He came up with the design following a three-day trip to Valley, once he was chosen for the project, to immerse himself in the community and learn what is most important. After doing more research and “designing more with an eraser than a pencil” the committee only made minor edits to his original design, he said.
Dupille shared the entire process of creating his artwork, which took about four months once the design was finalized, with the Valley student body during the art dedication assembly on April 22, the day after Dupille installed the piece in the Valley school foyer with the volunteer help of Valley School District Facilities Team members Bob Wilkins and Kraig Kalisch. It took 40 hours over the weekend to install the large, three-dimensional sculpture that is 14 feet wide by 10 feet high and weighs about 700 pounds. It is mounted in sections on aluminum, attached with angle iron to plywood, which is then attached to the stone wall of the school entryway. The structure and installation had to be approved by a state engineer before the design could be completed.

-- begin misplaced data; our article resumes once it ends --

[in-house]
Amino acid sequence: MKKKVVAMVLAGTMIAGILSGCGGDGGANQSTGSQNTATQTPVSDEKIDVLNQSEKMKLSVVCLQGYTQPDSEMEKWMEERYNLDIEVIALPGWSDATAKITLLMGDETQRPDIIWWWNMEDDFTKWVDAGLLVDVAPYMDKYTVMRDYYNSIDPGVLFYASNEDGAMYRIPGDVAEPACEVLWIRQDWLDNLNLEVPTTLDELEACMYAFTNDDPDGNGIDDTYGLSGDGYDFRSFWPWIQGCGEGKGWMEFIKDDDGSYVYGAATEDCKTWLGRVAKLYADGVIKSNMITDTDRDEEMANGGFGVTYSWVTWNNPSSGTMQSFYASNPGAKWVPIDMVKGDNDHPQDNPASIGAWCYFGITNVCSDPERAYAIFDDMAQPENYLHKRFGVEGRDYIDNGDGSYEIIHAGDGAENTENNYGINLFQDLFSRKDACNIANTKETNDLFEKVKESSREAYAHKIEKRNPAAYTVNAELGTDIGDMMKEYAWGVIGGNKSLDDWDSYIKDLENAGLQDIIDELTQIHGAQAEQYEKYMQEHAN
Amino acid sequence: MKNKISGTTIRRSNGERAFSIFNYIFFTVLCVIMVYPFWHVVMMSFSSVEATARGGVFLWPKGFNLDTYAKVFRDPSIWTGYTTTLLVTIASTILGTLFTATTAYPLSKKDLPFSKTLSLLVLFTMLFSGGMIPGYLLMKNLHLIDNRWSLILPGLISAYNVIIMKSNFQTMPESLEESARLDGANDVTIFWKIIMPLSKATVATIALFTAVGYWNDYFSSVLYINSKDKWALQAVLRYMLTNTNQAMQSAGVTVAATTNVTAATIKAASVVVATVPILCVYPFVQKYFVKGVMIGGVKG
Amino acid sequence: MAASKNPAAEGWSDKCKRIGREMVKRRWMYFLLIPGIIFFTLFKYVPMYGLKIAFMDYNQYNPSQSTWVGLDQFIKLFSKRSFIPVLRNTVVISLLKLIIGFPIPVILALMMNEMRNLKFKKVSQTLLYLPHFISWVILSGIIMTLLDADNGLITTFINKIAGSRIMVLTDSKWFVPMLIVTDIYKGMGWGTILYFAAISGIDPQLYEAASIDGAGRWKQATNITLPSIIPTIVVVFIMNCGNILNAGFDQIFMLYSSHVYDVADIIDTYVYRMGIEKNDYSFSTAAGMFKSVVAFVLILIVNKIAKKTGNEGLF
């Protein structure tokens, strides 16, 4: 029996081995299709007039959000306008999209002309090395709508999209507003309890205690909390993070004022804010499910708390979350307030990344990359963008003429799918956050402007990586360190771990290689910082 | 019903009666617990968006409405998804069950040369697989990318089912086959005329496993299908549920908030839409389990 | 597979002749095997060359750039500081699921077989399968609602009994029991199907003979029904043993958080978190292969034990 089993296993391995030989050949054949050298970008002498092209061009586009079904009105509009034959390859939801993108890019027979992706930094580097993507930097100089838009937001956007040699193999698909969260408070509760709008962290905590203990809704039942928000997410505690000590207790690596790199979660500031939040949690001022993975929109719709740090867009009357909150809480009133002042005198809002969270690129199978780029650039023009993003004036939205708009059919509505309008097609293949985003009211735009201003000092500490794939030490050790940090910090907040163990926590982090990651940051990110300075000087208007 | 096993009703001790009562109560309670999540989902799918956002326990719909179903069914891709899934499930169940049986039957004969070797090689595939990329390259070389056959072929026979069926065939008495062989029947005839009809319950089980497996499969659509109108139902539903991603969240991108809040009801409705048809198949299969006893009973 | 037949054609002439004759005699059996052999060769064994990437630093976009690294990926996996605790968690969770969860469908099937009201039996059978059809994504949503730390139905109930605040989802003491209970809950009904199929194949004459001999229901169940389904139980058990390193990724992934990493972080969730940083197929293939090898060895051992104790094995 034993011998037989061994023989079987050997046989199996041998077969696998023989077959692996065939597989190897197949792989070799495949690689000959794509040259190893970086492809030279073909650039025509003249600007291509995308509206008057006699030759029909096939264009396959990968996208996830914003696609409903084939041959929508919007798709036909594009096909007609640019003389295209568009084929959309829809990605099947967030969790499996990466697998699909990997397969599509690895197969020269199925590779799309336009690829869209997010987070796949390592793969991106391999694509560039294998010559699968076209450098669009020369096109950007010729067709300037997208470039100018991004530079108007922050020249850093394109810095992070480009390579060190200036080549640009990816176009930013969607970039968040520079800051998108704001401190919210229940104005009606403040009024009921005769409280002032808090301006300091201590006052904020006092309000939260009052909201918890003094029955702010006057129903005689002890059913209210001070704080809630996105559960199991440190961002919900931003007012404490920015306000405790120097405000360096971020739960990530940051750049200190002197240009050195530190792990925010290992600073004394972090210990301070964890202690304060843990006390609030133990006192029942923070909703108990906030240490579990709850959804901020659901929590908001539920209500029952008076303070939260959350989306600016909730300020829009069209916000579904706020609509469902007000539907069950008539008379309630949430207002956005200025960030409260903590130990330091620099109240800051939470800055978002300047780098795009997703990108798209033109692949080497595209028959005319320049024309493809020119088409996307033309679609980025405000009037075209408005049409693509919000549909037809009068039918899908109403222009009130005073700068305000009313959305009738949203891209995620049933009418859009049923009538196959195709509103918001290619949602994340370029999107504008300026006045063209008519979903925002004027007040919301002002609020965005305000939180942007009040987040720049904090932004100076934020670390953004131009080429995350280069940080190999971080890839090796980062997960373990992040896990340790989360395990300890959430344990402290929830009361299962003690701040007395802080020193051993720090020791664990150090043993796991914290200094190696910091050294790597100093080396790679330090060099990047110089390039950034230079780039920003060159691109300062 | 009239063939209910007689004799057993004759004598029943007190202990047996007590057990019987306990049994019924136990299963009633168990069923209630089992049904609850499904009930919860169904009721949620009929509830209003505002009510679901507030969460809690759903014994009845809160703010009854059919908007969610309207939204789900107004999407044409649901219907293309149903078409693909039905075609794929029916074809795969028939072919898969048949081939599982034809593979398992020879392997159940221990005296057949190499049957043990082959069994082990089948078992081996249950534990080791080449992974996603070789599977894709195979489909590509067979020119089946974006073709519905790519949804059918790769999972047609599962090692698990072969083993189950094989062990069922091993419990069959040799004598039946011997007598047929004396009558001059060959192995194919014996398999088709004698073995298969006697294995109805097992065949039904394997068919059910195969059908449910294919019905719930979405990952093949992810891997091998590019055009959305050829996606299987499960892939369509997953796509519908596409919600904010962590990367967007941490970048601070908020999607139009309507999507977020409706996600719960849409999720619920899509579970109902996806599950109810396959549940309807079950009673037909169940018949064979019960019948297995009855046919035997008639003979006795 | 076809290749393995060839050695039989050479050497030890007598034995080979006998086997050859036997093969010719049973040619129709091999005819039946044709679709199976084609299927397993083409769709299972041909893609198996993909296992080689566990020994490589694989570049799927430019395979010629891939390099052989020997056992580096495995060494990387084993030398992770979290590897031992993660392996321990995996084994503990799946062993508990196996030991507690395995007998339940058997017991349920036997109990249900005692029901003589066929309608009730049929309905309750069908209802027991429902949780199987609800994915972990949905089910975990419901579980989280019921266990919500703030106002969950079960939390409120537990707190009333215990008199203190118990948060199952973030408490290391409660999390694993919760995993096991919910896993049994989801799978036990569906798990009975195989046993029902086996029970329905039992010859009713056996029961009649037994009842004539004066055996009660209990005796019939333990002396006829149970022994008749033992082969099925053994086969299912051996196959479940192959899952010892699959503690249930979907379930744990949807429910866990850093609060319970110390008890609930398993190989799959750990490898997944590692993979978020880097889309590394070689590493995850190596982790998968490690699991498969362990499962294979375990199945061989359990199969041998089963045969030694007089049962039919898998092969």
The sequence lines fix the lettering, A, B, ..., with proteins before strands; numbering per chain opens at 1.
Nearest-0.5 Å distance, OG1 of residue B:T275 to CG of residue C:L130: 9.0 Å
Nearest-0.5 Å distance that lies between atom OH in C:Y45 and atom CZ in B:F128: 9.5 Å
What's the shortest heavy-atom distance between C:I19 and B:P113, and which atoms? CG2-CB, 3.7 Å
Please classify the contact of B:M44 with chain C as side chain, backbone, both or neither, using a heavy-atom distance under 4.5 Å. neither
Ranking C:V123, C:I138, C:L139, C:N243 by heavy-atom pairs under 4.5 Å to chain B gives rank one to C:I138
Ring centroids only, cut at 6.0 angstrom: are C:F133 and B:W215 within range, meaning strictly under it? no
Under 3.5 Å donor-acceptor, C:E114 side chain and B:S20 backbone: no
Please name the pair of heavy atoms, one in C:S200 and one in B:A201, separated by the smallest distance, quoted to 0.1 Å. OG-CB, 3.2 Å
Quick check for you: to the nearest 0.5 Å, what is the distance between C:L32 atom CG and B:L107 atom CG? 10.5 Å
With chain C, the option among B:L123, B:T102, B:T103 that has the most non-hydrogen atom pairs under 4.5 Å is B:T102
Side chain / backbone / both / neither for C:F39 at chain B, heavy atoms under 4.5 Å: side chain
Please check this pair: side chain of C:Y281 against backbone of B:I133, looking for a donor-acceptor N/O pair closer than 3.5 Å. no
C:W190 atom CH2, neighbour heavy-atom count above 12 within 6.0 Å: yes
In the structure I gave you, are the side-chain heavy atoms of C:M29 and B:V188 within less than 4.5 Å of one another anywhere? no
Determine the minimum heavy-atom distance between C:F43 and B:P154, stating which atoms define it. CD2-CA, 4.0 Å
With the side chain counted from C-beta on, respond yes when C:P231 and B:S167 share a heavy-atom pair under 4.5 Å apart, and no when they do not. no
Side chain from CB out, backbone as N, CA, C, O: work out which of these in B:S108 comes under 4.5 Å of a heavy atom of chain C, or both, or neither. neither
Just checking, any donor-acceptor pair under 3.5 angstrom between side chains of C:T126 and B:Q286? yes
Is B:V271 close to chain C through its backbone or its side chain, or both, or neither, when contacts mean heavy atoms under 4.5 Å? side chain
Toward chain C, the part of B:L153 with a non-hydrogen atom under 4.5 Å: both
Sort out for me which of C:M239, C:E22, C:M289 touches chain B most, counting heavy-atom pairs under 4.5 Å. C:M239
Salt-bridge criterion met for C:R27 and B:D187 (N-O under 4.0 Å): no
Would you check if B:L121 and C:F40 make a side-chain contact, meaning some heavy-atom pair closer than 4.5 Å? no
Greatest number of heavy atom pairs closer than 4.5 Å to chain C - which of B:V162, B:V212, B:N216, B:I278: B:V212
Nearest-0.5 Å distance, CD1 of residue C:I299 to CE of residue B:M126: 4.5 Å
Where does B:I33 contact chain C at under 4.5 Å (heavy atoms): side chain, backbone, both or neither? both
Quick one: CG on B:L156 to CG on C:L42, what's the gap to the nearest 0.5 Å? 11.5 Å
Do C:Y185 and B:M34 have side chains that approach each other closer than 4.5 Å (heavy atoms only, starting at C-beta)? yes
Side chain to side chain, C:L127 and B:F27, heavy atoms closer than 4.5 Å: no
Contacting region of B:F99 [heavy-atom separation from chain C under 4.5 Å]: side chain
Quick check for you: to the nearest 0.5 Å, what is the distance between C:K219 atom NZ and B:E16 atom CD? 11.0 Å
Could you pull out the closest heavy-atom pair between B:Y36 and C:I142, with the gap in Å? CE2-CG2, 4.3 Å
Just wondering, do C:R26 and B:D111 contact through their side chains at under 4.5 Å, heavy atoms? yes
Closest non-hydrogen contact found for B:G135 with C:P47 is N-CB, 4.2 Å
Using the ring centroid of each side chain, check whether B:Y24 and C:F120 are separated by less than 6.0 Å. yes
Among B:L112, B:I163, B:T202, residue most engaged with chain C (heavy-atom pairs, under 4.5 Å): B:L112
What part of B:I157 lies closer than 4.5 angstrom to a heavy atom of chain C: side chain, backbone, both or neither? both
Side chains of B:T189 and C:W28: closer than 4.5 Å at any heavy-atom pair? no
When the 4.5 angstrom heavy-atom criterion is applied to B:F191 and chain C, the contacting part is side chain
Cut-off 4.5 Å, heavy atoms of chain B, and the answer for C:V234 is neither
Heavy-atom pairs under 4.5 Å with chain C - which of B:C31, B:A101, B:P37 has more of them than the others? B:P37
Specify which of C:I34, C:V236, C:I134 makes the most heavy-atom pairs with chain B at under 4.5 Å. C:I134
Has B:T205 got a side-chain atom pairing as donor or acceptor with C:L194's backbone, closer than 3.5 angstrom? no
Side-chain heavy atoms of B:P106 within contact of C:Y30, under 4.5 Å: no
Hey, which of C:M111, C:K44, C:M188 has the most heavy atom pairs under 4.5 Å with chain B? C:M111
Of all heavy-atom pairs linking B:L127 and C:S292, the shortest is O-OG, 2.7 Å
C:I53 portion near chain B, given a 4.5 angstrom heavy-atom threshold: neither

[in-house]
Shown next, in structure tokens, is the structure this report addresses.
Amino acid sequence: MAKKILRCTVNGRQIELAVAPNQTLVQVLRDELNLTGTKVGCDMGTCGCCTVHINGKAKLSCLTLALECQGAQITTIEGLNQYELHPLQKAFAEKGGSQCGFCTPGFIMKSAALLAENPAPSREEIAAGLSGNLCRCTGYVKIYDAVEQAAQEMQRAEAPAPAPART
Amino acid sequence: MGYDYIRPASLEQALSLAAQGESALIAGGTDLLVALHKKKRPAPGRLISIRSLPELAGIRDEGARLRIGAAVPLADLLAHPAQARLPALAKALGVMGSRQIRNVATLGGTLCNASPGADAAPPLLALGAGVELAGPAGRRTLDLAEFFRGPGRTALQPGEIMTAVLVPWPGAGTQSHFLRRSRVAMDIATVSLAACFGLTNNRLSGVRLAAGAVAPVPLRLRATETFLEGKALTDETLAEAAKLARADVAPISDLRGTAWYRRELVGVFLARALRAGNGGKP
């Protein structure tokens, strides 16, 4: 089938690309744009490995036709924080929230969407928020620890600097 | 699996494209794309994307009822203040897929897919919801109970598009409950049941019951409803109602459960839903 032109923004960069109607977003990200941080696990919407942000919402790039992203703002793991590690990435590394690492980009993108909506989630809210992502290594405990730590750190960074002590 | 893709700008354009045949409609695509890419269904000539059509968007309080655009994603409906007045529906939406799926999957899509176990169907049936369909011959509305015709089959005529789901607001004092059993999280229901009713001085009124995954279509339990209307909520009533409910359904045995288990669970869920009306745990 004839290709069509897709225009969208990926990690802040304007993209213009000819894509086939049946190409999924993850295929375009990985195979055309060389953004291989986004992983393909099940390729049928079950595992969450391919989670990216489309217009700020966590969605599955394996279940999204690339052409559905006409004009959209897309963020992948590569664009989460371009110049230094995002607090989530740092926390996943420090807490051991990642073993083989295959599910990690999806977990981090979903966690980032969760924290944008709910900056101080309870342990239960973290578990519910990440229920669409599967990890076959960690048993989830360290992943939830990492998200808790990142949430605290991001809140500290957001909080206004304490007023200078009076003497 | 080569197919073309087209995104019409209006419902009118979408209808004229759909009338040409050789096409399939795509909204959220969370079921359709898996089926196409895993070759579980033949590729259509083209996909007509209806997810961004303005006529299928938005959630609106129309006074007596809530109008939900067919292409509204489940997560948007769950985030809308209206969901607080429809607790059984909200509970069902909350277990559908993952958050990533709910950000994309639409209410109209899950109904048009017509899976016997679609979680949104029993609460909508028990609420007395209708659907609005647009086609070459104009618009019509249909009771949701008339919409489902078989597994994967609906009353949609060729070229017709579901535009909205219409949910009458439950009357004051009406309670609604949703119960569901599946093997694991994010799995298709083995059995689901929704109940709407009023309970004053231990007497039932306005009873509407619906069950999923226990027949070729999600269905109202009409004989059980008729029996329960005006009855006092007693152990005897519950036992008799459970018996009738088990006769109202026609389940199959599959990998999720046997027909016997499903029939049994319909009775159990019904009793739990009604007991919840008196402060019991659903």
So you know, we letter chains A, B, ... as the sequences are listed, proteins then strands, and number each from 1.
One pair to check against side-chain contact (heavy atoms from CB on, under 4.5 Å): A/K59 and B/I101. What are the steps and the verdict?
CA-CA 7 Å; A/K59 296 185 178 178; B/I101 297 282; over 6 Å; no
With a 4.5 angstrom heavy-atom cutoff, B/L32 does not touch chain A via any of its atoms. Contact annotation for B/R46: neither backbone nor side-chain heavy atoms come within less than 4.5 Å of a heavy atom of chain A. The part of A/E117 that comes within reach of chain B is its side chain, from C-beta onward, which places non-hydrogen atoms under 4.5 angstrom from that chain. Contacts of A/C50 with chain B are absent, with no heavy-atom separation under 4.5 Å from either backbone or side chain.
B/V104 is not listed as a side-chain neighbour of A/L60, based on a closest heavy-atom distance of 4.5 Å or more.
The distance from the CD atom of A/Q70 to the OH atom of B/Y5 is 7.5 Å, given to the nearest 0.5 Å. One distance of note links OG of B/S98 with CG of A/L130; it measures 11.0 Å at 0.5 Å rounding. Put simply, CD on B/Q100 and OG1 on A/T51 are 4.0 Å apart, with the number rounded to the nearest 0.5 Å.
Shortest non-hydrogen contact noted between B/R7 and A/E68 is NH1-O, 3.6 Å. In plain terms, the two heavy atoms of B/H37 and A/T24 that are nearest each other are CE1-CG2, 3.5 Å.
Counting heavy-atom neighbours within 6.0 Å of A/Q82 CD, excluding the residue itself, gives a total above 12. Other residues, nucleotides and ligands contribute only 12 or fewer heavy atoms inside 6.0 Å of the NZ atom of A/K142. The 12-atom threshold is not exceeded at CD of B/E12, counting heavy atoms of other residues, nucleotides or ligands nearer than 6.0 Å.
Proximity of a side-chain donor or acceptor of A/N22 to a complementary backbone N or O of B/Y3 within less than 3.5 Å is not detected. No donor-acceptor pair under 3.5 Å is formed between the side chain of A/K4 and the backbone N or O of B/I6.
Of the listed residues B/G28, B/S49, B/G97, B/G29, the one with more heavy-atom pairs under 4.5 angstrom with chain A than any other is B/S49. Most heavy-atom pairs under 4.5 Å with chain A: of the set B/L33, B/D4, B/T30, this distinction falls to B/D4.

To connect the students to the artwork that is now a permanent fixture within their school, and for an opportunity to learn about the process of being a public artist, a volunteer student committee was formed consisting of fifth through eighth grade students and led by art teacher Gail Churape. Just like the actual committee, they created their own criteria, located a site and chose an artist from the state’s roster. Ironically, the students chose Michael Dupille as well.
The students also had an opportunity to learn about fritography and created their own pieces of artwork using glass tiles out of materials donated by Dupille. The Arts Commission also provided a learning “tool kit” and a small stipend to help connect the students to the artwork to be installed in their school.
Furthermore, Churape was inspired to connect the art with the entire student body and initiated a school-wide temporary art project to create a “sand mandala” the day the commissioned artwork was unveiled. The mandala used colored sand from Land Mountain silica, which Churape and her grandson colored over the summer, to emulate the process of frit and apply by spoon onto a design she created on the school softball fields, similar to how Dupille applies the crushed glass to his art.